Category Archives: Entertainment

Latest HHS Musical was a Smash Hit!

By Tim Sullivan

You’re a Good Man, Charlie Brown was a smash hit this past week! The cast, crew, pit orchestra, and production staff put together an amazing performance that truly captivated the audience, including myself. 

I saw the show twice, once on opening night with the wonderful cast of Kyle Knight as Charlie Brown, Michelle Sylvester as Sally, Emma Gannon as Lucy, Ben Manning as Schroeder, Christopher Manning as Linus, and Julia Cross as Snoopy. I just had to go back for a second time and see the understudy cast which starred Kat Sheridan as Sally, Elise Falvey as Lucy, and Erin Foley as Snoopy. Both shows featured a colorful, cheery ensemble which included Brendan Connolly, Rosie Danehy, Kyle Donnelly, Norah Flanders, Callia Gilligan, Jordan Kennedy, Daniel Manning, Emma Massey, Anthony Pierotti, Harper Seelye, and Erin Shea.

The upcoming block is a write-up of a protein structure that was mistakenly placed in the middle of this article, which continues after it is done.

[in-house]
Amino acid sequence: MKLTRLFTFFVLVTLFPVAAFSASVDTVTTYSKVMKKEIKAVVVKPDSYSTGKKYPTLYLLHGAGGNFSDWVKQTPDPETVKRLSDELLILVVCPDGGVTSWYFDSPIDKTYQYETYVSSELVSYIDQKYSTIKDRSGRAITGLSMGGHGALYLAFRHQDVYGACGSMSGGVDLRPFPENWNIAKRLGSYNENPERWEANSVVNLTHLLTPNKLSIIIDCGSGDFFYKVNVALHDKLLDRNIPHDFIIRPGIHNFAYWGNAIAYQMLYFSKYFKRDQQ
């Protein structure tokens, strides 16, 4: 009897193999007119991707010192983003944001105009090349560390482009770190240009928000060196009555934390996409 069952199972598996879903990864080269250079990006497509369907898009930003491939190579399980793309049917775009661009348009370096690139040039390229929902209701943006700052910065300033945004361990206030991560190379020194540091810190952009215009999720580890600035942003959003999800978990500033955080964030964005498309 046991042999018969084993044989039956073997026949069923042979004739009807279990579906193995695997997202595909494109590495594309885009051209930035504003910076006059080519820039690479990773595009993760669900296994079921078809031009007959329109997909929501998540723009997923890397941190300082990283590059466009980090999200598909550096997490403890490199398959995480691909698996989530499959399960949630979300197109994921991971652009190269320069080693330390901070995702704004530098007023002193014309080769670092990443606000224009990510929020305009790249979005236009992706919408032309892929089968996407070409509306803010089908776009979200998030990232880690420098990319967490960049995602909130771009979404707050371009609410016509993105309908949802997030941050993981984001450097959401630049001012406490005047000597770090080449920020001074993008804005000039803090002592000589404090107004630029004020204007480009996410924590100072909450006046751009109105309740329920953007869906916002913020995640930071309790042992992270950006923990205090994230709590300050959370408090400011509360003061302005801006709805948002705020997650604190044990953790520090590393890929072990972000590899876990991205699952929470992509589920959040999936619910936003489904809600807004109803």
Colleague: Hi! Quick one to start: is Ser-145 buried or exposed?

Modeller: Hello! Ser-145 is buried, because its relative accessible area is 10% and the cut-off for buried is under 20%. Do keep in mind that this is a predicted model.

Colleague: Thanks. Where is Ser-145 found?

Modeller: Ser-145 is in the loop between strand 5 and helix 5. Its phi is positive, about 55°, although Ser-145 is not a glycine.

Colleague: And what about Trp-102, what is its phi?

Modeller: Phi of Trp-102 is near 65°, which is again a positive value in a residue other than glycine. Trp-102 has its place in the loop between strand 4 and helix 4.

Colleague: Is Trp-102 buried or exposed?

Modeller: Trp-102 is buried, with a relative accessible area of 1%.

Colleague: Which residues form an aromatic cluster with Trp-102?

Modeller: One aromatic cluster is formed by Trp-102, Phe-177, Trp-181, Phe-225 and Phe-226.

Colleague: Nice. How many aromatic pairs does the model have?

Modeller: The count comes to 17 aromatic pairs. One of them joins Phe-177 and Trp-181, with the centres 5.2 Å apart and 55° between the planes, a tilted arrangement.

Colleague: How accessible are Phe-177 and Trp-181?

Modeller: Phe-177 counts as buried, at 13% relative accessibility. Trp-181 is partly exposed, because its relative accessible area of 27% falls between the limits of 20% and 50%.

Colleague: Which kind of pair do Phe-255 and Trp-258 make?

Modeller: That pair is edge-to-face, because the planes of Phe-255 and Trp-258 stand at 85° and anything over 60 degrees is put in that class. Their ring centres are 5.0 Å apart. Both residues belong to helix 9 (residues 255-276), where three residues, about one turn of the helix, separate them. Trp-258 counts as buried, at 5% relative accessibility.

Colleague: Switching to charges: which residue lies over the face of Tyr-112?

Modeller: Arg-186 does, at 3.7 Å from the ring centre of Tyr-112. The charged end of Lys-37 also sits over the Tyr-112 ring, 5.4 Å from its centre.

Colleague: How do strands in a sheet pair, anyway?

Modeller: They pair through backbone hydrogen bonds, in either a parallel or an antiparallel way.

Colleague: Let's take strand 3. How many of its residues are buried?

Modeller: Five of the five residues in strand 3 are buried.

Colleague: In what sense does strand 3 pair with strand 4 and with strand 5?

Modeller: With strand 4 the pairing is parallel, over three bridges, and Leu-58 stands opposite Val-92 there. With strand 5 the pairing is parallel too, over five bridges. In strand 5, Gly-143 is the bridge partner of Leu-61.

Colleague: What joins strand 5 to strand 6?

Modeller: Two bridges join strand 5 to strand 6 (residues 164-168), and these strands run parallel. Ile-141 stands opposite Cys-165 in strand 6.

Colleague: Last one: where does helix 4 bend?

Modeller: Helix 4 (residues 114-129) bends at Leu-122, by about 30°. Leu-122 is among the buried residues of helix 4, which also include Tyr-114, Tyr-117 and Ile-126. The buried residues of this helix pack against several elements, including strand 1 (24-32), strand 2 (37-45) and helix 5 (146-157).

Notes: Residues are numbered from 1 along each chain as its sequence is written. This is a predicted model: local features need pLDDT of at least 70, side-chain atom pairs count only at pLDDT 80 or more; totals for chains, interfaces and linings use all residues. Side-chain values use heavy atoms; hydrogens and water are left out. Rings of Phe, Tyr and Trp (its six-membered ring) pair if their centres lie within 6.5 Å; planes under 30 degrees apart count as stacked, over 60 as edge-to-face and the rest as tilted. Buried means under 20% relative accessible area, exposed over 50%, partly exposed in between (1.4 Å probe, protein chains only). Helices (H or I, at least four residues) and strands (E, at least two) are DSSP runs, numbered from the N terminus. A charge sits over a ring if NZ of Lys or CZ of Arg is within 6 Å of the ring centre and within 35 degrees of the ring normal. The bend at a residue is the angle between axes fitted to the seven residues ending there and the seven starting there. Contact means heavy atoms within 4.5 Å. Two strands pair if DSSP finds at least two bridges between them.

This show delivered meaningful messages to the audience about growing up, feeling alone, and finding happiness. These messages were conveyed through the lighthearted comedy and youthful innocence that is classic for any sort of Charlie Brown production – something the cast pulled off beautifully. Each musical number was energetic and engaging, not to mention several were completely student-choreographed! The Indian’s own Callia Galligan was dance captain for the production. Callia said she has always wanted to do something like this but has never had the opportunity and this was definitely a highlight of the musical this year for her. It wasn’t too much of a challenge to translate the music into dance, she said, but it “took a lot of thought to determine what steps would translate the energy or theme of a certain song.”